The session was rounded off by additional memories and responses from Brian Fontes and Susan Quello, who both recalled James Quello’s vision for the Center as an independent and cutting edge research center that would not only result in high quality research, but also inform policy in media, communication, and information.
Visions of the Next Decade(s)
Professor Laleah Fernandez, a post-doctoral researcher and fellow at the Quello Center, introduced and moderated the second session, focusing on ways forward for research and outreach of the Center.
Dean of the College of Communication Arts and Sciences, Prabu David, emphasized some of the strategic directions of the College. The Dean described how the Quello Center’s work fits into major initiatives, such as its interest in policy and its initiative with WKAR to create an innovation lab for next generation public broadcasting.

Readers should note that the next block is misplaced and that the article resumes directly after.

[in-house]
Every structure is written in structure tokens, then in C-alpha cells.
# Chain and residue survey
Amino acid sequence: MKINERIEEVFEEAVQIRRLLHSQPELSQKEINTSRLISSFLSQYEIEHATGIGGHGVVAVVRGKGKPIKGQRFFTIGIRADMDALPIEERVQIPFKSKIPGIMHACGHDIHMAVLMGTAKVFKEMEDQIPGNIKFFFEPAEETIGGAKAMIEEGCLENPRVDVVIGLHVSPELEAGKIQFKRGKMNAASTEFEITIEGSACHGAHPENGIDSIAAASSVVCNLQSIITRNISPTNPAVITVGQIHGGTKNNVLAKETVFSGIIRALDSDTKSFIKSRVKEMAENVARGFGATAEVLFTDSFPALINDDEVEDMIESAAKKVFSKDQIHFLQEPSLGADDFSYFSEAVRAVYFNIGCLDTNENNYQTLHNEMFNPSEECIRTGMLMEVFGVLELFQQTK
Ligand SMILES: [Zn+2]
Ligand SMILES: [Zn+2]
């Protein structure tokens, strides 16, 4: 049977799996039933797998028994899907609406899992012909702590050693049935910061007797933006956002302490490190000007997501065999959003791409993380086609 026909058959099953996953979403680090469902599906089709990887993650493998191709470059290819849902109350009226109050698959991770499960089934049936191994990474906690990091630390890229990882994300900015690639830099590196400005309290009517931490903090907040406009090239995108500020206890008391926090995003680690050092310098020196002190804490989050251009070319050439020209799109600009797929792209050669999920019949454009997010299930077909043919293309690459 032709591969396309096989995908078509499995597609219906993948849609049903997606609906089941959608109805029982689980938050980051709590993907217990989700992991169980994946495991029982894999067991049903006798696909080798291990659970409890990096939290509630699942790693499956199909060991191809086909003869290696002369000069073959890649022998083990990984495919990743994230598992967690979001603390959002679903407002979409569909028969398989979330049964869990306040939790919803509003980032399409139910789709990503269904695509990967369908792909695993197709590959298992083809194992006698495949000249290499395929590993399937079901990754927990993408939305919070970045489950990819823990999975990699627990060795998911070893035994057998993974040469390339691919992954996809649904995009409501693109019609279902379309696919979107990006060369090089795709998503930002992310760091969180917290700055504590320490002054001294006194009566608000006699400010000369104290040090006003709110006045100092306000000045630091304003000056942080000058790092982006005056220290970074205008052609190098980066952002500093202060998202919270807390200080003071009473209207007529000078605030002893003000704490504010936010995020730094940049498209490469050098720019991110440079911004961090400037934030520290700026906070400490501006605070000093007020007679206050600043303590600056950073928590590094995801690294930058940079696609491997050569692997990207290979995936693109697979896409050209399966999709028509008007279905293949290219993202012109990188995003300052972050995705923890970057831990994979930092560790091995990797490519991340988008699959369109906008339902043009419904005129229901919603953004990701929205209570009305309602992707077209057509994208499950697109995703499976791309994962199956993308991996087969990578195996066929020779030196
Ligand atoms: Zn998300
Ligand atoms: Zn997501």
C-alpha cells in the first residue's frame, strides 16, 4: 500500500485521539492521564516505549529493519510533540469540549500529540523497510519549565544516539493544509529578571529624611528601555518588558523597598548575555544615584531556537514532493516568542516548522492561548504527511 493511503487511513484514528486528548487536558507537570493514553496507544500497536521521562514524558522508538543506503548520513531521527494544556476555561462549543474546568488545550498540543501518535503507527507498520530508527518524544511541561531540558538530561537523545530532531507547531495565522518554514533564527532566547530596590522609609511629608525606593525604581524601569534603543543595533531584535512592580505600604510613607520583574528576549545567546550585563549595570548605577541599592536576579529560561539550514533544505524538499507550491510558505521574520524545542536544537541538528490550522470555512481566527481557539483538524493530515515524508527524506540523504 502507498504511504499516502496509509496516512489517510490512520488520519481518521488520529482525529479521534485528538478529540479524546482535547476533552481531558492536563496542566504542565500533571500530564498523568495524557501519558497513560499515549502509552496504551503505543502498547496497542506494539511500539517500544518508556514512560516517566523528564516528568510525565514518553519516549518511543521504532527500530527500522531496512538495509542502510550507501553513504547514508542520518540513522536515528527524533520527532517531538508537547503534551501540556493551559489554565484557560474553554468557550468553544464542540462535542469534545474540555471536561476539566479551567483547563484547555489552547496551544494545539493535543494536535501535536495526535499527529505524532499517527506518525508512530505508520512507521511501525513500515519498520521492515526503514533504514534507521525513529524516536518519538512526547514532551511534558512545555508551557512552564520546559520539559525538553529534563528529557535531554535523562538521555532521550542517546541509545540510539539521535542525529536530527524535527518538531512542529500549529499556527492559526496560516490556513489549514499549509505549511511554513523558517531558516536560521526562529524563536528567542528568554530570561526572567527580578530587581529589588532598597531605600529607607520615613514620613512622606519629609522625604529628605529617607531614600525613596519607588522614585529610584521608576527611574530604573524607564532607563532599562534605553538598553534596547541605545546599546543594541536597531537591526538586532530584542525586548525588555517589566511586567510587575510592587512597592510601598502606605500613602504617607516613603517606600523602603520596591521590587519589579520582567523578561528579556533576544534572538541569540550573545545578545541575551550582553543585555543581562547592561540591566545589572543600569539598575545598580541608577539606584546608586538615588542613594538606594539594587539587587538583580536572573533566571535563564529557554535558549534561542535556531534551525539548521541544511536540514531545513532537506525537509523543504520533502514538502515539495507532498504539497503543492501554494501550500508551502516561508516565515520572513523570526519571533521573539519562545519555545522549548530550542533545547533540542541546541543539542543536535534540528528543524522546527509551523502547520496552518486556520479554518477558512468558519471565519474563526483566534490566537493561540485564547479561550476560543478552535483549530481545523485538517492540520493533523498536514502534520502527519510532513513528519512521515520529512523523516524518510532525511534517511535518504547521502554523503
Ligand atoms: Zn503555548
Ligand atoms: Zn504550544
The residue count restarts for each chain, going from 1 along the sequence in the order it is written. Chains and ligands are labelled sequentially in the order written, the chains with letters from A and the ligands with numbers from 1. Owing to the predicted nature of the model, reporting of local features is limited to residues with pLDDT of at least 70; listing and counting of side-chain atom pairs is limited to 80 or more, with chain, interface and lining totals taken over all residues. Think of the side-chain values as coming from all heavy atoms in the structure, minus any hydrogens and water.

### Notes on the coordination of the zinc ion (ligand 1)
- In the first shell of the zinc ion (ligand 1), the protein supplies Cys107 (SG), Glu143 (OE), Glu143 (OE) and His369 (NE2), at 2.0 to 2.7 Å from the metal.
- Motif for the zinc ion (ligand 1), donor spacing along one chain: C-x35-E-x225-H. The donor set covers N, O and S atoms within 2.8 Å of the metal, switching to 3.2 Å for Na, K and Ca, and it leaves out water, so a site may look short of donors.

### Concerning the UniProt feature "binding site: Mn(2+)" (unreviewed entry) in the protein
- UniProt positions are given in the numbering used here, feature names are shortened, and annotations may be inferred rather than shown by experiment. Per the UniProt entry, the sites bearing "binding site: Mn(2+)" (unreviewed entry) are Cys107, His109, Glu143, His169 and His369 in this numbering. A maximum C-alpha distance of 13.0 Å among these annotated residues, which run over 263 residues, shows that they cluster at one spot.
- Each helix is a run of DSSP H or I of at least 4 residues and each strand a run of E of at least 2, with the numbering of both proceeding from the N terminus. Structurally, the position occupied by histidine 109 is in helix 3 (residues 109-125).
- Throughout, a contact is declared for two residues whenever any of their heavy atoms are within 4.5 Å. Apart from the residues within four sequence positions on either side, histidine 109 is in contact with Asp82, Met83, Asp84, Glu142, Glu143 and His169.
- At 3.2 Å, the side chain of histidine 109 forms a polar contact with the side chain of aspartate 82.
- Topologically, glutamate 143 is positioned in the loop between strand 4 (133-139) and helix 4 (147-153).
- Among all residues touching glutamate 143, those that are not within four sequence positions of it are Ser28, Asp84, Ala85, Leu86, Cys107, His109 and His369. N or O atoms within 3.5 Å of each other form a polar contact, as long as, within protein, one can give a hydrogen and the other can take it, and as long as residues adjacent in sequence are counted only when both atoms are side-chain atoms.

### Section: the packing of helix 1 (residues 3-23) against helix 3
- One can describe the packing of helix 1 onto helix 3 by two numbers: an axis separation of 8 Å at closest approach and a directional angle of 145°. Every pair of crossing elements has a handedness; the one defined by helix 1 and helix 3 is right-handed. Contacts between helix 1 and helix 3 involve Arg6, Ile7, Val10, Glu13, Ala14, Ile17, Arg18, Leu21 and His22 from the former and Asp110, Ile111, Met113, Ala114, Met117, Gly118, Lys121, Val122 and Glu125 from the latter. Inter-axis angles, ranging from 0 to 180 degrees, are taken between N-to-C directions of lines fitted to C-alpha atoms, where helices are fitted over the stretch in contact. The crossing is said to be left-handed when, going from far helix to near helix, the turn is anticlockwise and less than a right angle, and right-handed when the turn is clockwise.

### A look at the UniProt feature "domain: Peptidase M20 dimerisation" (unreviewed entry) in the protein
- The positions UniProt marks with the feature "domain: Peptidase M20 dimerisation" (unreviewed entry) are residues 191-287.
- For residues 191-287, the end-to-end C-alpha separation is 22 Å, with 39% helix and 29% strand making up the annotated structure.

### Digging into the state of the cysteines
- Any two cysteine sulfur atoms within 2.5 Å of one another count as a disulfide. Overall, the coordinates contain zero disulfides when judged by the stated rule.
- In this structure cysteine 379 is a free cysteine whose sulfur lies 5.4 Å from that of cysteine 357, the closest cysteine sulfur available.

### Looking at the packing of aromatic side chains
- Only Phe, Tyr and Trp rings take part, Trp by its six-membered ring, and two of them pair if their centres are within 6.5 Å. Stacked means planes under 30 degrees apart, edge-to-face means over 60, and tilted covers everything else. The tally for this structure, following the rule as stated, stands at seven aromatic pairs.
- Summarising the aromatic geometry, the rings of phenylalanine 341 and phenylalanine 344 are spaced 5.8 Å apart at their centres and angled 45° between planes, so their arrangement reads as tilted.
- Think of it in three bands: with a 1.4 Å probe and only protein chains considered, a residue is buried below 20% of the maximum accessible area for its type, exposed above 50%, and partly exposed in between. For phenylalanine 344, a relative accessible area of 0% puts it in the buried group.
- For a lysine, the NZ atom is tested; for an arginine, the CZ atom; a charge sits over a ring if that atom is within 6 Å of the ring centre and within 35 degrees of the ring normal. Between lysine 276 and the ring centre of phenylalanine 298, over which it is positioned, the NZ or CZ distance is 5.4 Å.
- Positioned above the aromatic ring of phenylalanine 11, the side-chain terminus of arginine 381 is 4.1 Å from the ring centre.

Professor Natascha Just of the Department of Media and Information spoke of some of the key intellectual challenges in moving forward, such as in reconceptualizing key issues and conceptualizations for the digital age. Just described how the Center is well poised to help shape and redefine the conversation surrounding media and information policy research.
Professor Johannes Bauer, Chair of the Department of Media and Information, conveyed his vision of the Center. Bauer said he sees the Center becoming a hub for the College and the University – a place to connect academics across the university, but also to connect academics with people in the policy community from the local to global arena on such issues as freedom of expression, ownership, and communication policy generally.
Two presentations followed the panels. The first focused locally, on networking Detroit, and the second on the future of broadcasting, with implications for local developments at WKAR.